Having the friendship of noble people has been praised by the wise men throughout the world. If he resorted to the friendship of the learned, an ignoramus could be wise. When noble people are resorted inside of those who resort them, increases. Resorting to noble people one would be relieved of all pain and sorrow. One should know pain, the cause of the pain, and the cessation of pain, and the eight fold paths, and the four Aryan truths. Sorrowful as a state of women, has been declared by Buddha the tamer of men. It is understood that being a wife and giving birth is painful for women. Some cut their throats, some tender ones take poison. Both are considered murderers in hell, and suffer misfortunes. I, a miserable woman, with family dissipated, have suffered immeasurable pain. I have shed tears for many thousand lives; I have been engaged in eight fold path conducive to no death. I have realized Nirvana, I have looked into the mirror of Dharma. I have removed my dearth, I have relieved the burden of suffering. I have fulfilled myself. The Theri Kisa-Gotami with mind completely at ease, has sent us.
|Rugsha Sivanandan as Kisagotami
Impermanent are all compounded things. When one perceives this with true insight, one becomes detached from suffering; this is the path of purification.
Theris (from L to R: Sinthuja Sriskandhan, Keerthika Ravinthiran, Paromita Kar)
ANANDA - MEETABHAVANA Gatha
Ananda was the youngest first cousin of the Buddha. He joined the sangha as a child. Ananda later became the attendant of Buddha, almost twenty-five years after the Buddha’s enlightenment, when the Buddha was around 55. The Buddha had many private discourses with Ananda, including one on the nature of Bhikkhunis. Ananda also helped to found the order of nuns or Bhikkhunis. He pleaded with the Buddha to allow women to enter the sangha.
May I be free from enmity; May I be free from ill-will; May I be rid of suffering; May I be happy.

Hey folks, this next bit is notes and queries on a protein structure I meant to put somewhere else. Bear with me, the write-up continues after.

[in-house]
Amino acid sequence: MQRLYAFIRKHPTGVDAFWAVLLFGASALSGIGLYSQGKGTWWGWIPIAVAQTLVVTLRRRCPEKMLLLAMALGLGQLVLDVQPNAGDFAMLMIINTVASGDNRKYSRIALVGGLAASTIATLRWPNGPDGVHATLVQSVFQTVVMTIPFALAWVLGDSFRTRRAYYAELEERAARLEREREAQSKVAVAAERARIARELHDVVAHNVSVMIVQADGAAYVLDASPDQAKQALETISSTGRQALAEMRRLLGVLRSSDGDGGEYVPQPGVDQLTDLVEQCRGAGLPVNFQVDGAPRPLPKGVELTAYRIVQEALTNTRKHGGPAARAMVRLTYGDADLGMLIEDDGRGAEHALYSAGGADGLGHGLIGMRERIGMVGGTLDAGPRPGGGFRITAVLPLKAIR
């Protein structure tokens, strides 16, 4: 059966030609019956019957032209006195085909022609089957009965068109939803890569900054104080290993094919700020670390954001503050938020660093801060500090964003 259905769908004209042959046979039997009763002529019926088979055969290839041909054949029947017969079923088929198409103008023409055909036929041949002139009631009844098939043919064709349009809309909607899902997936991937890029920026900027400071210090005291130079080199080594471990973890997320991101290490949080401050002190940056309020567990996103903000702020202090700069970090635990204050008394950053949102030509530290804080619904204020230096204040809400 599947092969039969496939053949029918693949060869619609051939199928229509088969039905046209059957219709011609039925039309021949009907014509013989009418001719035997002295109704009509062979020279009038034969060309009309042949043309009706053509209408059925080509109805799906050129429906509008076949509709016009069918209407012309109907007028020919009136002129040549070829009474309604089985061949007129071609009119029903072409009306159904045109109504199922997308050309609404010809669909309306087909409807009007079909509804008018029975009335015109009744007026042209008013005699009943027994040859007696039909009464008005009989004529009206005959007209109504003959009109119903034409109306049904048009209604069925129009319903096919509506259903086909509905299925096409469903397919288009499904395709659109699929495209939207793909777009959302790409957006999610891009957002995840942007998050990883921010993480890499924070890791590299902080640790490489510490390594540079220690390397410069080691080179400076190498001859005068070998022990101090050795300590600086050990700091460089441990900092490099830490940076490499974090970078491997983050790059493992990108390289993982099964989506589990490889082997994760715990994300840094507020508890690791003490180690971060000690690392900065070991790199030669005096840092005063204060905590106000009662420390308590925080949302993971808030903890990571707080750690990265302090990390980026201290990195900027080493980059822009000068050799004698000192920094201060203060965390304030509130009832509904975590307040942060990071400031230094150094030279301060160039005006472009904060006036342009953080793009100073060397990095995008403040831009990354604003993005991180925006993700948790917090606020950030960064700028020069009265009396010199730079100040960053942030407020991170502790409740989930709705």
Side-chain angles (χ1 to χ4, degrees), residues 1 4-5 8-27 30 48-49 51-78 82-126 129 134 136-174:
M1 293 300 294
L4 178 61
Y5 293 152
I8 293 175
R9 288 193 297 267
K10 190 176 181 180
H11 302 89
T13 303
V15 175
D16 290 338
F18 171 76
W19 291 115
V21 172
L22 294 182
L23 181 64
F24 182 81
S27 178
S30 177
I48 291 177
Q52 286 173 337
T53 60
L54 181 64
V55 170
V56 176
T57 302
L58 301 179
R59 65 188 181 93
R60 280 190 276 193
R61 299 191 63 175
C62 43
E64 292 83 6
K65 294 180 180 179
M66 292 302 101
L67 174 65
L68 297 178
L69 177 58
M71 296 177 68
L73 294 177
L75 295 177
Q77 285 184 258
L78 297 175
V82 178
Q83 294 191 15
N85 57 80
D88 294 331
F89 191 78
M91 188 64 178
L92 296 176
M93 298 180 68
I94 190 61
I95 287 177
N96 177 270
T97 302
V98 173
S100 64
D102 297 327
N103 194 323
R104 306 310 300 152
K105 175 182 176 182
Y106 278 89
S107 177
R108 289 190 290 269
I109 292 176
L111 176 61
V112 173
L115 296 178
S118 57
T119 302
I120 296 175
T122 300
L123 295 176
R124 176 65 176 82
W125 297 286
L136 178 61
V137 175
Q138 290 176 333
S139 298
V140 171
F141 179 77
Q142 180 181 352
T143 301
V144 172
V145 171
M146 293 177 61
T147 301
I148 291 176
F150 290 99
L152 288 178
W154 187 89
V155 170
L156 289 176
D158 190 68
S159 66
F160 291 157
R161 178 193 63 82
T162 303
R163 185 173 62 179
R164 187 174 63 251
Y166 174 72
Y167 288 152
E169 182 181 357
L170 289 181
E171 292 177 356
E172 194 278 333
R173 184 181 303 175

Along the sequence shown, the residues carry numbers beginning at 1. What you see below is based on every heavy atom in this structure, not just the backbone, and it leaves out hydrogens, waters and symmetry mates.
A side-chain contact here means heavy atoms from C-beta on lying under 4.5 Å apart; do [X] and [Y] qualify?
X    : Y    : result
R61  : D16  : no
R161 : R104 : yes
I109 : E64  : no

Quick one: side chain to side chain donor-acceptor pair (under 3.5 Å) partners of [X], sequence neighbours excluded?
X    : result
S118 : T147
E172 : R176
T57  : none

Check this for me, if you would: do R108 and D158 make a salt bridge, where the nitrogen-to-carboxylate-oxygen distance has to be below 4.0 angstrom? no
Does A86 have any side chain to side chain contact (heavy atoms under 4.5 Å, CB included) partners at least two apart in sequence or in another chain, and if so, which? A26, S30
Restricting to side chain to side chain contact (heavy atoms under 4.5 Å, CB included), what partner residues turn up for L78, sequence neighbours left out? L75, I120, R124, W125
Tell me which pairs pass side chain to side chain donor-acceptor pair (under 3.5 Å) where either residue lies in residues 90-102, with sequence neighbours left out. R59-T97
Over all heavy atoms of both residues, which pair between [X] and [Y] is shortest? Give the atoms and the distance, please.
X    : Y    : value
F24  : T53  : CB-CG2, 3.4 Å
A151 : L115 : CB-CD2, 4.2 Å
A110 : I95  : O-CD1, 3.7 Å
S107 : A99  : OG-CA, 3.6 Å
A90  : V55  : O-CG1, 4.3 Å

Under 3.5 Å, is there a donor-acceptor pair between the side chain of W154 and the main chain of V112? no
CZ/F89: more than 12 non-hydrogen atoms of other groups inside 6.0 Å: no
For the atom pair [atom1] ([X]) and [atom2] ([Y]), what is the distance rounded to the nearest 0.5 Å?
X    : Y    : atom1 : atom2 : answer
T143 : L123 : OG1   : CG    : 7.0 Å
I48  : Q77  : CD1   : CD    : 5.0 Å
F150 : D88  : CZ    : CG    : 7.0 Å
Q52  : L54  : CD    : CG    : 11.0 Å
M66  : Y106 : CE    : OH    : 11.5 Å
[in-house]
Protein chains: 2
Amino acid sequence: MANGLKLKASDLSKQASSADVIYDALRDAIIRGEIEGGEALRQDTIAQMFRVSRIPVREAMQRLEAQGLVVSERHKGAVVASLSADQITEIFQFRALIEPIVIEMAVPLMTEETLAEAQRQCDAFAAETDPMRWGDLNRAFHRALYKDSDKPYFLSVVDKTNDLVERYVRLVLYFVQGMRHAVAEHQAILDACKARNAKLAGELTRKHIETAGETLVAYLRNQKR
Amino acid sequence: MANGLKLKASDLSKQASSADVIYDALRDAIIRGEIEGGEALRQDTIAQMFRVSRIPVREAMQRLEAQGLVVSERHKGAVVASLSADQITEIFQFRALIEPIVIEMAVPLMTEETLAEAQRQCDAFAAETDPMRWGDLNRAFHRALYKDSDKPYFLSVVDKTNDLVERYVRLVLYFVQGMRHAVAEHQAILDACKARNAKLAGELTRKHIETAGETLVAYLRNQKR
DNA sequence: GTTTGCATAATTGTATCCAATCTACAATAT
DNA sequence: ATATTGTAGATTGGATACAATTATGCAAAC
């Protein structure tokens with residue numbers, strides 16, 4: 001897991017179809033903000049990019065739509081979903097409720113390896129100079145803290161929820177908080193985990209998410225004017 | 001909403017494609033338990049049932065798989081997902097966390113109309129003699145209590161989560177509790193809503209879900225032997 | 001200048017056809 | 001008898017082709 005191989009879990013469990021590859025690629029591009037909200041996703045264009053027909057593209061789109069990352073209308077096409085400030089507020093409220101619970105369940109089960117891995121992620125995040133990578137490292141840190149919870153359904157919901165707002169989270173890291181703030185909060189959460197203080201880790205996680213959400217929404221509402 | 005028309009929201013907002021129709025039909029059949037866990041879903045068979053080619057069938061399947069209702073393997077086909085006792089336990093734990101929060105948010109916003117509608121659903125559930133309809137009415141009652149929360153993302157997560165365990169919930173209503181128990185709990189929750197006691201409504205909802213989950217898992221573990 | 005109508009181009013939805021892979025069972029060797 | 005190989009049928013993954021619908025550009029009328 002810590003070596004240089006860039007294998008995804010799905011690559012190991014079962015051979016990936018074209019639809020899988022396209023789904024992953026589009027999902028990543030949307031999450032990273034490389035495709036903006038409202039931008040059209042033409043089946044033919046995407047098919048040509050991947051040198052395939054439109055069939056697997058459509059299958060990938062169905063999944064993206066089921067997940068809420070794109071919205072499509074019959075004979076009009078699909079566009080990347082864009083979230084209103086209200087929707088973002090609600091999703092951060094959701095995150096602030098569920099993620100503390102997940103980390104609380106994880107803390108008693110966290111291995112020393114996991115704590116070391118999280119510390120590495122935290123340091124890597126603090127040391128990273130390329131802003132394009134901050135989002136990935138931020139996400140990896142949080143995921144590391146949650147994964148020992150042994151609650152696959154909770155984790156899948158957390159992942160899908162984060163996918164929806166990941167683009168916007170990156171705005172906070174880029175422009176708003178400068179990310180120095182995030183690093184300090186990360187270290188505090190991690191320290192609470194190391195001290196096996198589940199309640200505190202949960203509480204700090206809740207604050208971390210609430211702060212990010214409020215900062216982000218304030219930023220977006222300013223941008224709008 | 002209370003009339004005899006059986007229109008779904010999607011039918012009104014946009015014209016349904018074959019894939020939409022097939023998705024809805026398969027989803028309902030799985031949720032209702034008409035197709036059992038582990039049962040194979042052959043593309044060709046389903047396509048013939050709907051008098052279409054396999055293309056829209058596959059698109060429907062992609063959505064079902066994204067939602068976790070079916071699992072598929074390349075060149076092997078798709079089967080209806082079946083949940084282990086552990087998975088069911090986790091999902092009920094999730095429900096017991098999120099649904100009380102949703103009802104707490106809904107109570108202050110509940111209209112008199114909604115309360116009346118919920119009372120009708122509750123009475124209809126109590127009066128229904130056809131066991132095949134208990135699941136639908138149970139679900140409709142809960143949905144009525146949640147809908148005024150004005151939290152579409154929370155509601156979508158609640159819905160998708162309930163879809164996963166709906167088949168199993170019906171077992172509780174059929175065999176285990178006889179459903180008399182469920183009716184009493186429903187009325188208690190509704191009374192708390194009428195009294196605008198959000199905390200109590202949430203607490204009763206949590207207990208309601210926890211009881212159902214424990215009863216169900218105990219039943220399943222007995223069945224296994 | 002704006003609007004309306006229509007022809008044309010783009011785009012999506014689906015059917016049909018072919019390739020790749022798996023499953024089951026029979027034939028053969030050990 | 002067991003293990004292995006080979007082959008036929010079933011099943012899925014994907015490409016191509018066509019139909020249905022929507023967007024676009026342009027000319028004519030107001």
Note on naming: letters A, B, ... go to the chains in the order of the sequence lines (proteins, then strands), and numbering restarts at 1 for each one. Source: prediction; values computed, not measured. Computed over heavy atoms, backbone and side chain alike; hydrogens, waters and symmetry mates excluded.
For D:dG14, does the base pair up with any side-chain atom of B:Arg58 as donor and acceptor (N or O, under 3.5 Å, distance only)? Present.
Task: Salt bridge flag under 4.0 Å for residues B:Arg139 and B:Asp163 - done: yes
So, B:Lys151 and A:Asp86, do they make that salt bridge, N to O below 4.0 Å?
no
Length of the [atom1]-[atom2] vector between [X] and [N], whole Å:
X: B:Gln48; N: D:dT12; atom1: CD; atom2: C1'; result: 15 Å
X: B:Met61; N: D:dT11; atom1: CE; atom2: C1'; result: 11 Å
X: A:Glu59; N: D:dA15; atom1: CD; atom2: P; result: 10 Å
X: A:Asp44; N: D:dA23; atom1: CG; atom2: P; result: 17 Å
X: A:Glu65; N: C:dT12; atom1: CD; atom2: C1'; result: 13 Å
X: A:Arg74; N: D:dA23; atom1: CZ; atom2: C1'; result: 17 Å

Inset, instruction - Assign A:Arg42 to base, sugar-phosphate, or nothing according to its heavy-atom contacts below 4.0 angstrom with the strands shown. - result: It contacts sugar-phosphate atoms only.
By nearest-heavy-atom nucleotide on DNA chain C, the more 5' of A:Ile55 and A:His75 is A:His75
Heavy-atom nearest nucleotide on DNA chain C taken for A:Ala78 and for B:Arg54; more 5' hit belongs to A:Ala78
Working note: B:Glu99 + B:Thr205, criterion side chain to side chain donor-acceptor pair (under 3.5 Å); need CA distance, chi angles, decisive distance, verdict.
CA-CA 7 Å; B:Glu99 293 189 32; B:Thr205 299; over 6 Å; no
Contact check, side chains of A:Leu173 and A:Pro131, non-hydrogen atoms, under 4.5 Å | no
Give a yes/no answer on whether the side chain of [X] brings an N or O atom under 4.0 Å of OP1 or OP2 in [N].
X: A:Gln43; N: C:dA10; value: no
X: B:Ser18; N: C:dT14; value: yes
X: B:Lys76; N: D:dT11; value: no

|Harikishan S. Nair as Ananda
NAVA GUNA Gatha (Nine Virtues of Buddha)
#1 By name He is an Arahant as He is worthy; Even in secret He does no evil; He attained the fruit of Arahantship; To Thee, the Worthy One, my homage be.
#2 By wisdom He is Sammasambuddha; By teaching He is Sammasambuddha; A fully Enlightened one is He in the world; To Thee, the fully Enlightened One, my homage be.
#3 He is endowed with wisdom and knowledge; His wisdom is made known; The past, future and present He knows ; To Thee who is endowed with wisdom and knowledge, my homage be.
#4 He is Sugata being self-disciplined; Being good He is Sugata; In the sense of going to the good state of Nibbāna; To Thee, the Sugata, my homage be.
#5 By name He is Lokavidu; He knows the past and future; Things, beings and space He knows; To Thee, the Knower of worlds, my homage be.
#6 By wisdom and conduct unrivalled is He; Who is the Unrivalled of the world; In this world He is revered as an Incomparable One; That Incomparable One, I salute.
#7 O Charioteer, the King Charioteer; A charioteer, a clever trainer is He of Deva; who is a clever charioteer of the world; And is a respectful charioteer in this world; That great trainer, I salute.
#8 To Devas, Yakkhas and men in this world; He gives the highest fruits; Among those taming the untamed; To Thee, O Remarkable One, my homage be.
#9 The Bhagava is repleted with fortune; He has destroyed all passions; He has crossed the ocean of Samsāra; To that Blessed One, my homage be.